Magnus Eze, Enugu
About 500 inspectors of prisons who had served meritoriously and retired are presently languishing across the country. These people referred to as ‘Aggrieved Stagnated Inspectors of Prisons of Nigeria’ said that they laboured for their fatherland, most of them for 35 years, but were literally used and abandoned.
The group staged a peaceful march at the premises of Prisons Club, Enugu recently, where those of them around Enugu meet every Thursday to pray, discuss their plight and how to address the welfare of members.
Before this period, an Enugu-based human rights centre had in a petition to the Comptroller General of Prison on their behalf said that they served as officers of the Nigeria Prison Service, but for reasons they cannot understand and explain, remained in the rank of Inspectors of Prison for 18 years; from 1995 to 2013. Painfully, when they were eventually promoted to senior inspectors with effect from January 2013, they were not paid the accrued benefits for 26 months.
The petition dated March 21, 2019 and signed by Dr. Godstime Okafor which was copied to the Minister of Interior, Attorney General and Minister of Justice, as well as the Director General, Integrated Payrolls and Personnel Information System (IPPIS) office, said that each of the retired inspectors was owed at least N1.4million arrears of promotion allowance.
Threatening to commence legal action against the authorities if after 30 days, the promotion arrears were not paid, the petition said that “it is unfortunate to state that in spite of the delayed promotion, which they ought to be compensated for, they were still not paid their promotion allowance from 1st January 2013 to March, 2015, which is a total of 26 months.”
Spokesman of the aggrieved retired inspectors, Comrade Linus Aninze said that in the history of civil service in the country, none had been treated like them. “We had passed through many ordeals in the hands of the prison authorities during our years of service. After we had been promoted from long awaited promotion from 1995-2013, some of us were placed in March 2015, while others were not placed until many of us died and some retired without tasting fruit of our labour and good services which we offered to our fatherland for good 18 years and above without promotion,” he said.
One of the very pathetic cases was that of one Christian Mba whose long-awaited promotion could not come before he developed sickness and died along the line. However, when the promotion eventually came, the arrears were also denied his family.
Apart from those who died while waiting for their entitlements, Aninze said that several of them suffer one ailment or the other, but cannot afford their drugs just as the education of their children had suffered.
He also noted that many of them are still homeless because they could not even build huts in and out of service because of what they passed through.
Several of them after retirement were still loitering around the barracks because they could not build their own houses.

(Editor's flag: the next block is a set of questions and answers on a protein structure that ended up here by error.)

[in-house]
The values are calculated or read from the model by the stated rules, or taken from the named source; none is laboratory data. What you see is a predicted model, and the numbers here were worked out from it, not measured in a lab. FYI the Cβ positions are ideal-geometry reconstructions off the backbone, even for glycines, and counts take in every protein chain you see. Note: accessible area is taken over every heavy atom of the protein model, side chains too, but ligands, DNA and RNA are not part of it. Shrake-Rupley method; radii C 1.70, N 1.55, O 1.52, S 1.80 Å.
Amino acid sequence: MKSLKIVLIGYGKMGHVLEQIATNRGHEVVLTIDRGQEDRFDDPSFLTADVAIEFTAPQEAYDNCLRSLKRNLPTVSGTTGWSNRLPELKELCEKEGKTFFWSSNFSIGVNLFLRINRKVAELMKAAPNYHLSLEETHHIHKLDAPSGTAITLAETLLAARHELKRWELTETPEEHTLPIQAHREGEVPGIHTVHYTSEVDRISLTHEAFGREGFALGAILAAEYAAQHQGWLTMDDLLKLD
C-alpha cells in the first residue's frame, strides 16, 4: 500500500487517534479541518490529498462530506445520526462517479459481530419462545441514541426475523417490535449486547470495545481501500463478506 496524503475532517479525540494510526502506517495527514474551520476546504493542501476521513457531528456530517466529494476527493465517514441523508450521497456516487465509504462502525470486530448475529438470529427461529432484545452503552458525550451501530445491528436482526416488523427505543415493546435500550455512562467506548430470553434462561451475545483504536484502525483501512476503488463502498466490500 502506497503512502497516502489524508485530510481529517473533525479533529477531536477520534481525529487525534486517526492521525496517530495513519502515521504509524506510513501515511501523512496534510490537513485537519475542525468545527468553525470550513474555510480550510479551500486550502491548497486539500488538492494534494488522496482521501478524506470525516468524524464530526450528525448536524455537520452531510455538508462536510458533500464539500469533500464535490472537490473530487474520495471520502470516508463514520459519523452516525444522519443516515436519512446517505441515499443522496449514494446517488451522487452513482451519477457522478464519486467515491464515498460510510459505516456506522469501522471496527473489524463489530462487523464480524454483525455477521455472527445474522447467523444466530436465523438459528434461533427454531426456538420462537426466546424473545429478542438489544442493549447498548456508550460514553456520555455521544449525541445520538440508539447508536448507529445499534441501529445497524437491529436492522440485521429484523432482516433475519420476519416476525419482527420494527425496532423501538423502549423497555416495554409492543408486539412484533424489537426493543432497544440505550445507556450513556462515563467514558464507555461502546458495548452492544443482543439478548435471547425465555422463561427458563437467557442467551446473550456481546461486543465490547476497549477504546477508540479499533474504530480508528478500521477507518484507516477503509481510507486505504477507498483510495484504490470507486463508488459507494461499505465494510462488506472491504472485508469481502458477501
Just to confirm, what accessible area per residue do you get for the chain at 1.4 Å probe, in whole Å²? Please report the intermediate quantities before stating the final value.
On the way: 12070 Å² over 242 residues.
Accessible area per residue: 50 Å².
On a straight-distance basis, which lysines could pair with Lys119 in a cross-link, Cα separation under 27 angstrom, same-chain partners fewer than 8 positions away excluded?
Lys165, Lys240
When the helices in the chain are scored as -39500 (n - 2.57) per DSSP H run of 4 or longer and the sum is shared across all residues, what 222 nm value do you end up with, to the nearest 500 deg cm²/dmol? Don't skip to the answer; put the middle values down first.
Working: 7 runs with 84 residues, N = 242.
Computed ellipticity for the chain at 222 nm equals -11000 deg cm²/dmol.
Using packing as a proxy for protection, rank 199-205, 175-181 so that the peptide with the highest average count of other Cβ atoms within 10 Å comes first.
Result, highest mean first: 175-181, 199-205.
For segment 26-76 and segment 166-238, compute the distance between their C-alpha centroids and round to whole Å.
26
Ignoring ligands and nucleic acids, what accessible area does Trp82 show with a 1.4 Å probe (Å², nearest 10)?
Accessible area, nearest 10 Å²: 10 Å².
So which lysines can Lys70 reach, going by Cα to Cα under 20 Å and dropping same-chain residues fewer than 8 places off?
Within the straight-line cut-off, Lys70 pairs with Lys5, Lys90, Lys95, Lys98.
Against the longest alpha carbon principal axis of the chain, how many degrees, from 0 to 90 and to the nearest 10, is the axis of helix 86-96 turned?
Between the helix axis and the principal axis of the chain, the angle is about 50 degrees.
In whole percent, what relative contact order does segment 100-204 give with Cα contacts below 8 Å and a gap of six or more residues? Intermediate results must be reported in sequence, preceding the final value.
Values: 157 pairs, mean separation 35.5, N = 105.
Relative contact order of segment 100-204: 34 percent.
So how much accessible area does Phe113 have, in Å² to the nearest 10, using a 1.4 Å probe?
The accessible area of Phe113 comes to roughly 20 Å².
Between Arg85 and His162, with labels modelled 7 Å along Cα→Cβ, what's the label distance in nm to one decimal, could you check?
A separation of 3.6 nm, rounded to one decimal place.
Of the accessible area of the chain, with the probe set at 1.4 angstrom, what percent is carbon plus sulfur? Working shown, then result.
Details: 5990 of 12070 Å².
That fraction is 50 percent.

Sunday Sun gathered that some retired officers who were still living in the barracks in Enugu, especially those from Benue, Kogi and other states, were recently issued eviction notice.
“Many of us would have retired with rank of CSP if promptly promoted, but they retired us with level 08 (inspector cadre). We the remaining staff, with low income through our contributed money to the pension managers suffer hunger; many of us are living on drugs, managing our lives without money for proper treatment while our money which supposed to add to our lives is sat upon and delayed in payment till date, after all we had passed through”, Aninze bemoaned.
He said that the prison authorities through a circular asked them in 2018 to submit evidences of the promotion, which according to him, many of them complied with, but unfortunately, nothing has come out of that exercise.
Some of the affected retirees narrated their ordeals to our correspondent. One of them, Anthony Nnajiofor who joined the service in January 1983 and retired in January 2018 as Senior Inspector of Prisons (SIP) said: “I was promoted from Inspector, level 7 to SIP level 8 and wasn’t paid my promotion arrears for 26 months.”
Nnajiofor, a father of five, whose cursory computation showed that he is being owed not less than N1.4 million said that his wife died in 2015 due to lack of money.
Sunday Sun learnt that Nnajiofor was saved from suicide by the intervention of Rev. Father Ejike Mbaka who cleared the accumulated hospital bills after the death of his wife.
Another retired officer, Mrs Evelyn Eneh, 60, a widow and mother of seven who hails from Obinagu Udi in Udi Local Government Area of Enugu State said that it has been very hard for her and her family to survive.
“I find myself always borrowing while still in service and painfully, at the end of the day, I won’t be able to pay back. My husband died in 2011 and the whole burden has been on me, training the children. Even the retirement benefit was nothing to write home about as I was given a meagre N1.3 million,” she lamented.
For Stephen Zeigbo, 60, from Iwollo in Ezeagu Local Government Area, also of Enugu State, he was promoted to senior inspector in January 2013, but was not placed till February 2015 when he was retired. “So, people call me SIP, but I never enjoyed it for one day,” he said.
The aggrieved retired inspectors, therefore, appealed to the relevant authorities to look into their plight and prevail on the Nigeria Prison Service to pay them their deserved arrears of N1.4 million each without further delay.
Repeated attempts to get official reaction from the service was not possible as the Public Relations Officer, Francis Enobore did not pick calls put across to his phone. At the Enugu command, an officer who would not want his name mentioned said that it was only the headquarters in Abuja that could address the issue.